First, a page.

Coaching services

I offer email and telephone coaching at both corporate and individual rates. Contact Rick for details at rbrencAgDOGGdSxWZCmvdner@ChacMSTiddrzDUyyjcDAoCanyon.com or (650) 787-6475, or toll-free in the continental US at (866) 378-5470.

Get the ebook!

Past issues of Point Lookout are available in six ebooks:

Reprinting this article

Are you a writer, editor or publisher on deadline? Are you looking for an article that will get people talking and get compliments flying your way? You can have 500 words in your inbox in one hour. License any article from this Web site. More info

Public seminars

The Race to the South Pole: The Power of Agile Development
On 14The Race to the Pole: An Application of Agile Development December 1911, four men led by Roald Amundsen reached the South Pole. Thirty-five days later, Robert F. Scott and four others followed. Amundsen had won the race to the pole. Amundsen's party returned to base on 26 January 1912. Scott's party perished. As historical drama, why this happened is interesting enough. Lessons abound. Among the more important lessons are those that demonstrate the power of the agile approach to project management and product development. Read more about this program. Here's a date for this program:

The Power Affect: How We Express Our Personal Power
Many The Power Affect: How We Express Personal Powerpeople who possess real organizational power have a characteristic demeanor. It's the way they project their presence. I call this the power affect. Some people — call them power pretenders — adopt the power affect well before they attain significant organizational power. Unfortunately for their colleagues, and for their organizations, power pretenders can attain organizational power out of proportion to their merit or abilities. Understanding the power affect is therefore important for anyone who aims to attain power, or anyone who works with power pretenders. Read more about this program.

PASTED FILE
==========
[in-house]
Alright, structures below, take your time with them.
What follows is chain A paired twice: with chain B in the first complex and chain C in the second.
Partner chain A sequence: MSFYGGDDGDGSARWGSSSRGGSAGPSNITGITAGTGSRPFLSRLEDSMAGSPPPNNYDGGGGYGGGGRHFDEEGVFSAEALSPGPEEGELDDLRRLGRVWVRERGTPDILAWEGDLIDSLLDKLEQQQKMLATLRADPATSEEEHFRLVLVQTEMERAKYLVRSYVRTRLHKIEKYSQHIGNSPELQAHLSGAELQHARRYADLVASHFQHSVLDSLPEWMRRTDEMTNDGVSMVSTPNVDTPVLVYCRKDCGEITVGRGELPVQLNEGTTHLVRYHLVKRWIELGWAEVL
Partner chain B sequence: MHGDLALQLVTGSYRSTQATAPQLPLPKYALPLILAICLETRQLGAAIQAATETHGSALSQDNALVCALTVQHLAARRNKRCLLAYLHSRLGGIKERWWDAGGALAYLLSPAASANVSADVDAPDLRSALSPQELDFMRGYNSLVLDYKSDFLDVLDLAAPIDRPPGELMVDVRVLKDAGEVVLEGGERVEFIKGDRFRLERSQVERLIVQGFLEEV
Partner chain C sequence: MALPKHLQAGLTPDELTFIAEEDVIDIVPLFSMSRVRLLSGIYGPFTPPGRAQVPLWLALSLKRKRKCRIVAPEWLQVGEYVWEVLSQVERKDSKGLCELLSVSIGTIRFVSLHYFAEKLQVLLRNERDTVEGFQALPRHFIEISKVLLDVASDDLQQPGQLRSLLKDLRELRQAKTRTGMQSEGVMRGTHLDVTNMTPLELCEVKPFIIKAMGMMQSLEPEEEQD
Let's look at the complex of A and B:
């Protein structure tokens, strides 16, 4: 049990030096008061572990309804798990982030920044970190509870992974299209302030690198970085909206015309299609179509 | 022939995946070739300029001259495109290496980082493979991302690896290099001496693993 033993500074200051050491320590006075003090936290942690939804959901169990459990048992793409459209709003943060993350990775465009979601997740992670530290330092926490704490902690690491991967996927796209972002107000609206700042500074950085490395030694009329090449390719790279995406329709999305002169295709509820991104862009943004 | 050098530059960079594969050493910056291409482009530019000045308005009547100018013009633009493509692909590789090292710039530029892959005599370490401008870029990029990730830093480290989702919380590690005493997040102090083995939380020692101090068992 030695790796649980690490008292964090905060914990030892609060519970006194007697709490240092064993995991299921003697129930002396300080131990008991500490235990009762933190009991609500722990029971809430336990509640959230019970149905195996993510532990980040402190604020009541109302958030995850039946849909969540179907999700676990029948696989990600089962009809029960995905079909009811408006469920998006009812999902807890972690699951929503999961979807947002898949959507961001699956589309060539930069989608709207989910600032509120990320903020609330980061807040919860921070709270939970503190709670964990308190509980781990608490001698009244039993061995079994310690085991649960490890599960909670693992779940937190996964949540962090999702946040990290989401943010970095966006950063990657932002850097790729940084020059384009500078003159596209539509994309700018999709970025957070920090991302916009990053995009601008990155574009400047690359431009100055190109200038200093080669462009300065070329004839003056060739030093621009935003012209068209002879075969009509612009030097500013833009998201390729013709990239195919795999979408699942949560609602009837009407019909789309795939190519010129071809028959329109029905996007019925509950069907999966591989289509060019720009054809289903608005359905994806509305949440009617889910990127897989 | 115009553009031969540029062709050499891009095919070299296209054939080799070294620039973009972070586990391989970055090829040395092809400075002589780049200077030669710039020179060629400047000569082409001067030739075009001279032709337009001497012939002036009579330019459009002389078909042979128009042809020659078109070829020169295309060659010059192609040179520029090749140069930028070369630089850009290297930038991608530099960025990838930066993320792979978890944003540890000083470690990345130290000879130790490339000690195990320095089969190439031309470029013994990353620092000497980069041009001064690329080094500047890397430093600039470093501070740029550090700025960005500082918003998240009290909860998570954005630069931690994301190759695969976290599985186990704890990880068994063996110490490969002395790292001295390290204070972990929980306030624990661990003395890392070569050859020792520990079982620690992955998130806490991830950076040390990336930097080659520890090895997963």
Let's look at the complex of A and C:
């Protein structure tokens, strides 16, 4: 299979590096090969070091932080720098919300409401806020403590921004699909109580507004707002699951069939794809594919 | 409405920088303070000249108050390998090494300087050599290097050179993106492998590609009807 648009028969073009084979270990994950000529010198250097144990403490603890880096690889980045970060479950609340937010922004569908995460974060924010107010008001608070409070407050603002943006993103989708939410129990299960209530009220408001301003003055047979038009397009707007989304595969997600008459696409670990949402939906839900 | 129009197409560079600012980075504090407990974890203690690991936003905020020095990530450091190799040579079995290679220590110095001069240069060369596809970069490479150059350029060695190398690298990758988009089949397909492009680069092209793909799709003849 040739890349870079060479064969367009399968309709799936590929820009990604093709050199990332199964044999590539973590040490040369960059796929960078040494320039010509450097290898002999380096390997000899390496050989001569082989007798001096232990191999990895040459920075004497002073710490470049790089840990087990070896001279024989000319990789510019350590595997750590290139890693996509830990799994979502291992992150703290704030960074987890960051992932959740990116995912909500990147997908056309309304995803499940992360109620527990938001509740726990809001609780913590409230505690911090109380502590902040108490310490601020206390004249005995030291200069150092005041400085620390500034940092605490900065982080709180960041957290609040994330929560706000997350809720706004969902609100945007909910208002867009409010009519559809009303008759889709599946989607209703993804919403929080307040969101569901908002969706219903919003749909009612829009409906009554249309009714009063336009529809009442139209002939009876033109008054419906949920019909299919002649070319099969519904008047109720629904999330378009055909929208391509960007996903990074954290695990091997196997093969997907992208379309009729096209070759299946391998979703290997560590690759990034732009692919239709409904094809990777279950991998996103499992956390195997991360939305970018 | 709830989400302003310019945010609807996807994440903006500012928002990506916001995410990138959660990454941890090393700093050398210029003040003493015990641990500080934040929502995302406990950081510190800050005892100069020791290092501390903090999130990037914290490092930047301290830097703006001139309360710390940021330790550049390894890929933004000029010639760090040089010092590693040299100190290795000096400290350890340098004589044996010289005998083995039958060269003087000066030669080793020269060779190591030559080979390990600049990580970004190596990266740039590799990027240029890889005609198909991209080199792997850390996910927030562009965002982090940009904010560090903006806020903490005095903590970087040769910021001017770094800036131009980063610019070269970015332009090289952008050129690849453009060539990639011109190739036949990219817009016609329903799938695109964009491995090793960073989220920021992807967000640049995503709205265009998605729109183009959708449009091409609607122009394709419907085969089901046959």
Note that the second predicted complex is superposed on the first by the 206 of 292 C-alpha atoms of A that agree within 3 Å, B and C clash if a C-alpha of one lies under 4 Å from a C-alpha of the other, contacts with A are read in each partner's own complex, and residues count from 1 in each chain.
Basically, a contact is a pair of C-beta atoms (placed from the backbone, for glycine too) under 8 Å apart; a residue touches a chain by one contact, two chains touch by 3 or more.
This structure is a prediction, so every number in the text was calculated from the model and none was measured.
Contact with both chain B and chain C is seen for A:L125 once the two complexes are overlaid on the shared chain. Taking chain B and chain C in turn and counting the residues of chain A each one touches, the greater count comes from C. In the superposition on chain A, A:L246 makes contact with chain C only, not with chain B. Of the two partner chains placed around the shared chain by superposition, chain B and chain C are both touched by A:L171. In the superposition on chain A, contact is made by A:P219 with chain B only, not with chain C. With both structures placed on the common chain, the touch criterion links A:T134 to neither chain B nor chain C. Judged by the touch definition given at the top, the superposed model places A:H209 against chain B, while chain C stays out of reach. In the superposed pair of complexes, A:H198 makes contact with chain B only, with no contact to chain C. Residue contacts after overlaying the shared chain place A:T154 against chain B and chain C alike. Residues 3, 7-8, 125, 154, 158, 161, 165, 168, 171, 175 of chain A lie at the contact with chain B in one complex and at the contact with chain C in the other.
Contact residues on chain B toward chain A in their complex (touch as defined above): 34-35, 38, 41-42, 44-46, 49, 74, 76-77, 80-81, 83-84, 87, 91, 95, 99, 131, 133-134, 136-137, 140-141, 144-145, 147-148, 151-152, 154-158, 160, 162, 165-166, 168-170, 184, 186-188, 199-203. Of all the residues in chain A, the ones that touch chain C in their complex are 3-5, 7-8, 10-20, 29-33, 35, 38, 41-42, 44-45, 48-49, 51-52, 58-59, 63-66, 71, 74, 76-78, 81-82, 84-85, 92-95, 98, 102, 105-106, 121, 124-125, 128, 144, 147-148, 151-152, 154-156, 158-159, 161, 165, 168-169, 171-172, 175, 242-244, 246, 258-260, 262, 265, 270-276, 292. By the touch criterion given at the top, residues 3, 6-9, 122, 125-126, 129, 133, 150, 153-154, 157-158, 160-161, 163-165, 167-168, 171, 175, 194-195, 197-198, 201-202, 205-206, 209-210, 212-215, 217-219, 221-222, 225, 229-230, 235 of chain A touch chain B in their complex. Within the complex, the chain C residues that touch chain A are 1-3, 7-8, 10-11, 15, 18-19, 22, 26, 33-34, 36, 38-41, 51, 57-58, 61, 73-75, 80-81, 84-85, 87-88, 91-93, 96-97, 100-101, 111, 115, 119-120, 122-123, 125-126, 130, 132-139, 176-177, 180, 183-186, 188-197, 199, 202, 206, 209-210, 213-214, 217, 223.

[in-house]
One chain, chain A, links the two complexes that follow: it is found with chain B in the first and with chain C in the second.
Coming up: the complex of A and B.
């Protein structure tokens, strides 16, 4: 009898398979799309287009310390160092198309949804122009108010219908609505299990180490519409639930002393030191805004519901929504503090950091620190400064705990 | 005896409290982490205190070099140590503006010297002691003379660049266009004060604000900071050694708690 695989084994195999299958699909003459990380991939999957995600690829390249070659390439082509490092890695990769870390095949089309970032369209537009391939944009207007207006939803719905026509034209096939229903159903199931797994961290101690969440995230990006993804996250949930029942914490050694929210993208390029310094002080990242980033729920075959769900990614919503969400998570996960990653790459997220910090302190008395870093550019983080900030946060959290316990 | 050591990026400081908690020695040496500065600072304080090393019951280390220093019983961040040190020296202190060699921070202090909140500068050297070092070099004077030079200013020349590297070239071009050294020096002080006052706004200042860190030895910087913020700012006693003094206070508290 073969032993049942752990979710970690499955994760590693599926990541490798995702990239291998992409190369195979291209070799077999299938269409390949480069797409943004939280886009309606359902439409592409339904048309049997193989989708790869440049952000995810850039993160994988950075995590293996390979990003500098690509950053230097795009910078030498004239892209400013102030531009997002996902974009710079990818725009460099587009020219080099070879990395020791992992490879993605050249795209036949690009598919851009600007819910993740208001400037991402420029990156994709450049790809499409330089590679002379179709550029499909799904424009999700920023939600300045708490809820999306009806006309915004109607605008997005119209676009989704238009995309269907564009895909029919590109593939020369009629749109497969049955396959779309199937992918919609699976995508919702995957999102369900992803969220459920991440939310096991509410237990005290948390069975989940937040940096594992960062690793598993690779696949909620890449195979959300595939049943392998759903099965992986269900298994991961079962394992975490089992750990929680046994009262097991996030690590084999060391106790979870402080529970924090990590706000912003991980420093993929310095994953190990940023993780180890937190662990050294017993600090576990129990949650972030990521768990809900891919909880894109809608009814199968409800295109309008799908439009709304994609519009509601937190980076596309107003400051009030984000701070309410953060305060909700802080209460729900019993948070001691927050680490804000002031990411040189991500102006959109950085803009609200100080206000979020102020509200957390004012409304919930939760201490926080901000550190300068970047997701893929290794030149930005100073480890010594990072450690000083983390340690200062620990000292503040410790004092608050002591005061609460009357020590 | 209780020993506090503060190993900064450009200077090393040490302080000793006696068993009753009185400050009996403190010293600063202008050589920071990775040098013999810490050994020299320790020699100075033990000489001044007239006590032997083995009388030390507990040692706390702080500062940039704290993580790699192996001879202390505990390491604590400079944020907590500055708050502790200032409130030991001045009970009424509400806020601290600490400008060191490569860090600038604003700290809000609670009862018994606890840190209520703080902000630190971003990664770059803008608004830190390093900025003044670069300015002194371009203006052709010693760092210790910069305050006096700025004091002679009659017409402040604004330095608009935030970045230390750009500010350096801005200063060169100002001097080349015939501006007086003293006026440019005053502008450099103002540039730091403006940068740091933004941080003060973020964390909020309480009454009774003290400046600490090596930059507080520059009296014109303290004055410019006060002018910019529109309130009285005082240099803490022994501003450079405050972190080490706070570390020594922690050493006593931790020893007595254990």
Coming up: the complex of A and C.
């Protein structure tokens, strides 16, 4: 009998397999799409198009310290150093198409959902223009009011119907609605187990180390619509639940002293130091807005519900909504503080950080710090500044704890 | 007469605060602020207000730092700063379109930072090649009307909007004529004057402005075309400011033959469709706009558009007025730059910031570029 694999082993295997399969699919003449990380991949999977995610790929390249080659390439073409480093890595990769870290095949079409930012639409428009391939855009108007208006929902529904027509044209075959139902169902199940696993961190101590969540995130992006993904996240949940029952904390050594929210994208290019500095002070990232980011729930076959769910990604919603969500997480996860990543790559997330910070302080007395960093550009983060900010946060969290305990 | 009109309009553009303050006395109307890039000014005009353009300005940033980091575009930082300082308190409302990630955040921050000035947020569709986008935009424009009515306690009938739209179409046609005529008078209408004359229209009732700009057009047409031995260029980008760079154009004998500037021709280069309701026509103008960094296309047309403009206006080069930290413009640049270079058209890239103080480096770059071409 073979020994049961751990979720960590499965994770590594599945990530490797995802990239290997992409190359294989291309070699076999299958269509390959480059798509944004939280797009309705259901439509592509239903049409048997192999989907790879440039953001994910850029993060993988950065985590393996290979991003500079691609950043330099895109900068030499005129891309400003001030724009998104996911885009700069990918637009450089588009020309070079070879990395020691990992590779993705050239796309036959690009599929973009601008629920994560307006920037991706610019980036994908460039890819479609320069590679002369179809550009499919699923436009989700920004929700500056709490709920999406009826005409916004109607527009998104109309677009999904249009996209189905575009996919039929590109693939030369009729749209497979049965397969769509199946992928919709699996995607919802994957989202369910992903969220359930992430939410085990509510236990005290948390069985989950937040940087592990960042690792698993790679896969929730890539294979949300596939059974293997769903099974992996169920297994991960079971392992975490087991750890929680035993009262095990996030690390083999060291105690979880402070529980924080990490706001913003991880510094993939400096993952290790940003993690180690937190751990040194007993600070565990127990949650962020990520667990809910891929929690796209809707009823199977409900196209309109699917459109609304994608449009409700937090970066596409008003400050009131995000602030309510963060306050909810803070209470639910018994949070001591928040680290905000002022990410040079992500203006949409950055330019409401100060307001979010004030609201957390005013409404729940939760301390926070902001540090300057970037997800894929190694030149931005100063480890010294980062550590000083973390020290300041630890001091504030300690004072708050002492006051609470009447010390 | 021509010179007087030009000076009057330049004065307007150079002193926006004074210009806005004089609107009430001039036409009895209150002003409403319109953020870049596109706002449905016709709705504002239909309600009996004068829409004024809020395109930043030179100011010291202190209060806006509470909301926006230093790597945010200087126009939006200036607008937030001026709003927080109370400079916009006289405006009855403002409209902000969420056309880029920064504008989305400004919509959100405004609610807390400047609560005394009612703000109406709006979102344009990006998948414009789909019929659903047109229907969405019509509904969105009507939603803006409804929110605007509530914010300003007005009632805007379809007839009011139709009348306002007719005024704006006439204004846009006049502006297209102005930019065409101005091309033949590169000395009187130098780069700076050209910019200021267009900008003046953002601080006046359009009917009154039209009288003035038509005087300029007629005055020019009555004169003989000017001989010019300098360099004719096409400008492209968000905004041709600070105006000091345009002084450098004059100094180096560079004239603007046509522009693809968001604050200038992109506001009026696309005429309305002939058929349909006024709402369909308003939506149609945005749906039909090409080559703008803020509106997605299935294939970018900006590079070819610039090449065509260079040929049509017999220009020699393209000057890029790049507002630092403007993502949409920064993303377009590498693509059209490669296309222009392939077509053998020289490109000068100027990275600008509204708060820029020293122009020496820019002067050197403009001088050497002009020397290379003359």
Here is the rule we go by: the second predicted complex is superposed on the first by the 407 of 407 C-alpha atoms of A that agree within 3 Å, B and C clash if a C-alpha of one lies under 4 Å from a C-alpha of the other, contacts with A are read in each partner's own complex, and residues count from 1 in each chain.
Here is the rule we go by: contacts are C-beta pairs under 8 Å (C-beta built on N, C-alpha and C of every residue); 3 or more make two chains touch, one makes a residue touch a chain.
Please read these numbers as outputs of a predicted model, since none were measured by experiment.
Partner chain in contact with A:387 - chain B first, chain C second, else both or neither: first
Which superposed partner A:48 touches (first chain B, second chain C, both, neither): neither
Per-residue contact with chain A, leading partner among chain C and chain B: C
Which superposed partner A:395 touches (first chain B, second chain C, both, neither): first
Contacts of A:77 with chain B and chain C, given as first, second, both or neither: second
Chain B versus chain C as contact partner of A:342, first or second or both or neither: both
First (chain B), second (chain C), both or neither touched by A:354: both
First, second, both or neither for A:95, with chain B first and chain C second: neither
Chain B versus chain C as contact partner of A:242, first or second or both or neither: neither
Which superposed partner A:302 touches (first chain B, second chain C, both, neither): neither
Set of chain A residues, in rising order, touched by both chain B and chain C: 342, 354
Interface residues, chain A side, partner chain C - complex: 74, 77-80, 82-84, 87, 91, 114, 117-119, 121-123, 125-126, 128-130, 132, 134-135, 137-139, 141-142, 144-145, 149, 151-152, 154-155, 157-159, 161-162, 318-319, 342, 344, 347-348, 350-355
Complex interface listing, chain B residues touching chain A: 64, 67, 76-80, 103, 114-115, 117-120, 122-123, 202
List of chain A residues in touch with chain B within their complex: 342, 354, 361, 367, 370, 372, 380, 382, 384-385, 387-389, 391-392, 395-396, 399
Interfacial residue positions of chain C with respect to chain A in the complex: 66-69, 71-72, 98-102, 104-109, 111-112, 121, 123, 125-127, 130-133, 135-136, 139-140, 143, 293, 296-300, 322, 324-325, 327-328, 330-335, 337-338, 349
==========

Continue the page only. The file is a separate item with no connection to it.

Follow Rick

Send email or subscribe to one of my newsletters Follow me at LinkedIn Follow me at Twitter, or share a tweet Follow me at Google+ or share a post Subscribe to RSS feeds Subscribe to RSS feeds
The message of Point Lookout is unique. Help get the message out. Please donate to help keep Point Lookout available for free to everyone.
Technical Debt for Policymakers BlogMy blog, Technical Debt for Policymakers, offers resources, insights, and conversations of interest to policymakers who are concerned with managing technical debt within their organizations. Get the millstone of technical debt off the neck of your organization!
Go For It: Sometimes It's Easier If You RunBad boss, long commute, troubling ethical questions, hateful colleague? Learn what we can do when we love the work but not the job.
303 Tips for Virtual and Global TeamsLearn how to make your virtual global team sing.
101 Tips for Managing ChangeAre you managing a change effort that faces rampant cynicism, passive non-cooperation, or maybe even outright revolt?
101 Tips for Effective MeetingsLearn how to make meetings more productive — and more rare.
Exchange your "personal trade secrets" — the tips, tricks and techniques that make you an ace — with other aces, anonymously. Visit the Library of Personal Trade Secrets.